The meetings were inaccessible, poorly advertised, and lacked transparency, environmental organizations argued in a letter delivered to MEA today. The letter continues:
“The process, as it is now, is broken. It seems geared at checking a box rather than giving the public a meaningful opportunity to weigh in and help inform MEA’s future plans. The meetings provided further evidence that this Administration is bent on expanding gas infrastructure, no matter the effect on the climate and no matter what the public wants.”
Annie Bristow of Frack-Free Frostburg stated: “The entire lifecycle of fracked gas must be considered from a public health perspective – from air and water pollution at extraction to end use air pollution in homes and businesses. Expansion of fracked gas pipelines in Maryland would increase risks to the health and safety of Marylanders, financially incentivize fracking of our neighbors in Pennsylvania and West Virginia, and fail to address the public health threat from climate change.”
Ruth Alice White stated: “Extending the use of gas in Maryland is counter to the Maryland’s commitment to move dramatically reduce Maryland Greenhouse gases, totally counter to the Greenhouse Gas Reduction Act’s purpose. We can’t be implementing new gas infrastructure designed to last 30 years or more when we are striking desperately to reduce emissions. We know fracked gas leaks at every stage in extraction and piping. The gas is methane which is 84 times worse than carbon dioxide as a greenhouse gas over a 20 year period. We need to move rapidly to clean and renewable wind and solar.”
Tracy Cannon of the Eastern Panhandle Green Coalition stated: “Citizen and environmental groups in the Eastern Panhandle of WV were thrilled to learn that Maryland’s Board of Public Works blocked the Potomac Pipeline, which would have carried fracked gas to polluting industrial development in our counties. We find it contradictory that Maryland would now support spending $30 million on fracked-gas infrastructure. We would like to look to Maryland as an example of what a green state can be. This is disappointing.”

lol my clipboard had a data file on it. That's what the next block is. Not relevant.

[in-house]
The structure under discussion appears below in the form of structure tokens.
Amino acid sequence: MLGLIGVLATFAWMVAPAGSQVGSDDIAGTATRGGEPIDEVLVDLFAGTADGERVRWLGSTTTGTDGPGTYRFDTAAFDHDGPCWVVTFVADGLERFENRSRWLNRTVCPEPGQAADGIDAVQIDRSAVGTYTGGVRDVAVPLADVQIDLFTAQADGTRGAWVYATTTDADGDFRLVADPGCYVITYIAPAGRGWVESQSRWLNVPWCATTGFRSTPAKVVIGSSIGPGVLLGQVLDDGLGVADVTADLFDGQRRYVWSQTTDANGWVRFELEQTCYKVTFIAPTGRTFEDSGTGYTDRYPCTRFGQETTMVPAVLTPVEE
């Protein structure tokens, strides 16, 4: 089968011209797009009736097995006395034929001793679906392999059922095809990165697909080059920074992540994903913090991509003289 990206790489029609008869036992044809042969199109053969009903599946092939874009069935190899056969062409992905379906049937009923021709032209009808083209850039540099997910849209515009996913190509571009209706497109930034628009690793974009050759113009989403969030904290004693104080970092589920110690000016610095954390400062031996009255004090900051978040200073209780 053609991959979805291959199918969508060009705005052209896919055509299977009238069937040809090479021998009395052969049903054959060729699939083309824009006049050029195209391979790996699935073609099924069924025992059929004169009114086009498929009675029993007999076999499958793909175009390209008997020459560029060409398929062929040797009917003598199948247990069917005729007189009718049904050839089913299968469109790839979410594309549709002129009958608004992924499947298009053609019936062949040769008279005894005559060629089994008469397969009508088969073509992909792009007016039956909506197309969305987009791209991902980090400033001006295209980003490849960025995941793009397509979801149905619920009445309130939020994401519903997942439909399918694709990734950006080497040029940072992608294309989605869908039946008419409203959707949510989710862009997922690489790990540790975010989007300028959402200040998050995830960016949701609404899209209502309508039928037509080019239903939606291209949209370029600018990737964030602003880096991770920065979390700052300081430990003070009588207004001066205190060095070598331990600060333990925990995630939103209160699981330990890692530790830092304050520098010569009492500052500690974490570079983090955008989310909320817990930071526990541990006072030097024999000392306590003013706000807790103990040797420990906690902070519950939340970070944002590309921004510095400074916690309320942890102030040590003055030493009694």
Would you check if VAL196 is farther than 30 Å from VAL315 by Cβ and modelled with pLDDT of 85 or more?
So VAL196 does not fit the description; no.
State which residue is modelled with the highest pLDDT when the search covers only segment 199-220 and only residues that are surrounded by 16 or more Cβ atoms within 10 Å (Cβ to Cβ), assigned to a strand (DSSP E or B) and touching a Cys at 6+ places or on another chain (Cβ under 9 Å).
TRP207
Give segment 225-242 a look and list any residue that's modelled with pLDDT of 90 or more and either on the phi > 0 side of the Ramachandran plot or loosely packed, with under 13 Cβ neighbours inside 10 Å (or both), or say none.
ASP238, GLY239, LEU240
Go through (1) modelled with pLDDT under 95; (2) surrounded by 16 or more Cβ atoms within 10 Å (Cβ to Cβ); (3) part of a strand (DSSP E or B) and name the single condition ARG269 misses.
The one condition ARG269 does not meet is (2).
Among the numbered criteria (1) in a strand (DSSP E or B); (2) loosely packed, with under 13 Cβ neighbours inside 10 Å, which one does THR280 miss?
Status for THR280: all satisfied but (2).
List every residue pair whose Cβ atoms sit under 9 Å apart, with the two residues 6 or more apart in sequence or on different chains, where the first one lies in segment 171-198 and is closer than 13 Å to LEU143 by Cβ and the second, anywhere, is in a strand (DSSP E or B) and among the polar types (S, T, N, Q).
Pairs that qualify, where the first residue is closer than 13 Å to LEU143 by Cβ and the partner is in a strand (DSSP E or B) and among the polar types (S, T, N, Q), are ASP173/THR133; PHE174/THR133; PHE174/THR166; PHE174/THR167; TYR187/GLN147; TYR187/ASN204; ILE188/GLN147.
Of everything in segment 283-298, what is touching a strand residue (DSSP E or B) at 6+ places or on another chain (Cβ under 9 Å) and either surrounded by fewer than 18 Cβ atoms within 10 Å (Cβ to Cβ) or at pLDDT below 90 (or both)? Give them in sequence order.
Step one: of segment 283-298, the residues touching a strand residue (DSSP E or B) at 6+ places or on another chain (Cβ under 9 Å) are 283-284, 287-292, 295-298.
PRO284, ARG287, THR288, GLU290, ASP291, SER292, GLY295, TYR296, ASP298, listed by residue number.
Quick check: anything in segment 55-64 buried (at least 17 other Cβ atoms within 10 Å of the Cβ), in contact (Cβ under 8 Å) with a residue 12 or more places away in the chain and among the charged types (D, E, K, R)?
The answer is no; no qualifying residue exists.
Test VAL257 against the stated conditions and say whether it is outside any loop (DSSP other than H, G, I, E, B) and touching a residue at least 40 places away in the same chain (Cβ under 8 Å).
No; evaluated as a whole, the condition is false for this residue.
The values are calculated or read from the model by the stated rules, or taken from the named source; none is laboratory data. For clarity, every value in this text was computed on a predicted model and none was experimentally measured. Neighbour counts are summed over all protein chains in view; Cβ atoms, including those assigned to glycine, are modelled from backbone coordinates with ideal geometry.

MEA has made access to these meetings extraordinarily difficult, giving the public very little notice, scheduling them during the workweek, even holding one at a location that required attendees to apply for a parking pass 48 hours in advance. Despite this, more than 70 concerned Marylanders have spoken out against Hogan’s fracked-gas expansion plans in person and more than 300 more have signed a letter in opposition.
The Chesapeake Climate Action Network is the oldest and largest grassroots organization dedicated exclusively to raising awareness about the impacts and solutions associated with global warming in the Chesapeake Bay region. For 16 years, CCAN has been at the center of the fight for clean energy and wise climate policy in Maryland, Virginia, and Washington, D.C. For more information, visit www.chesapeakeclimate.org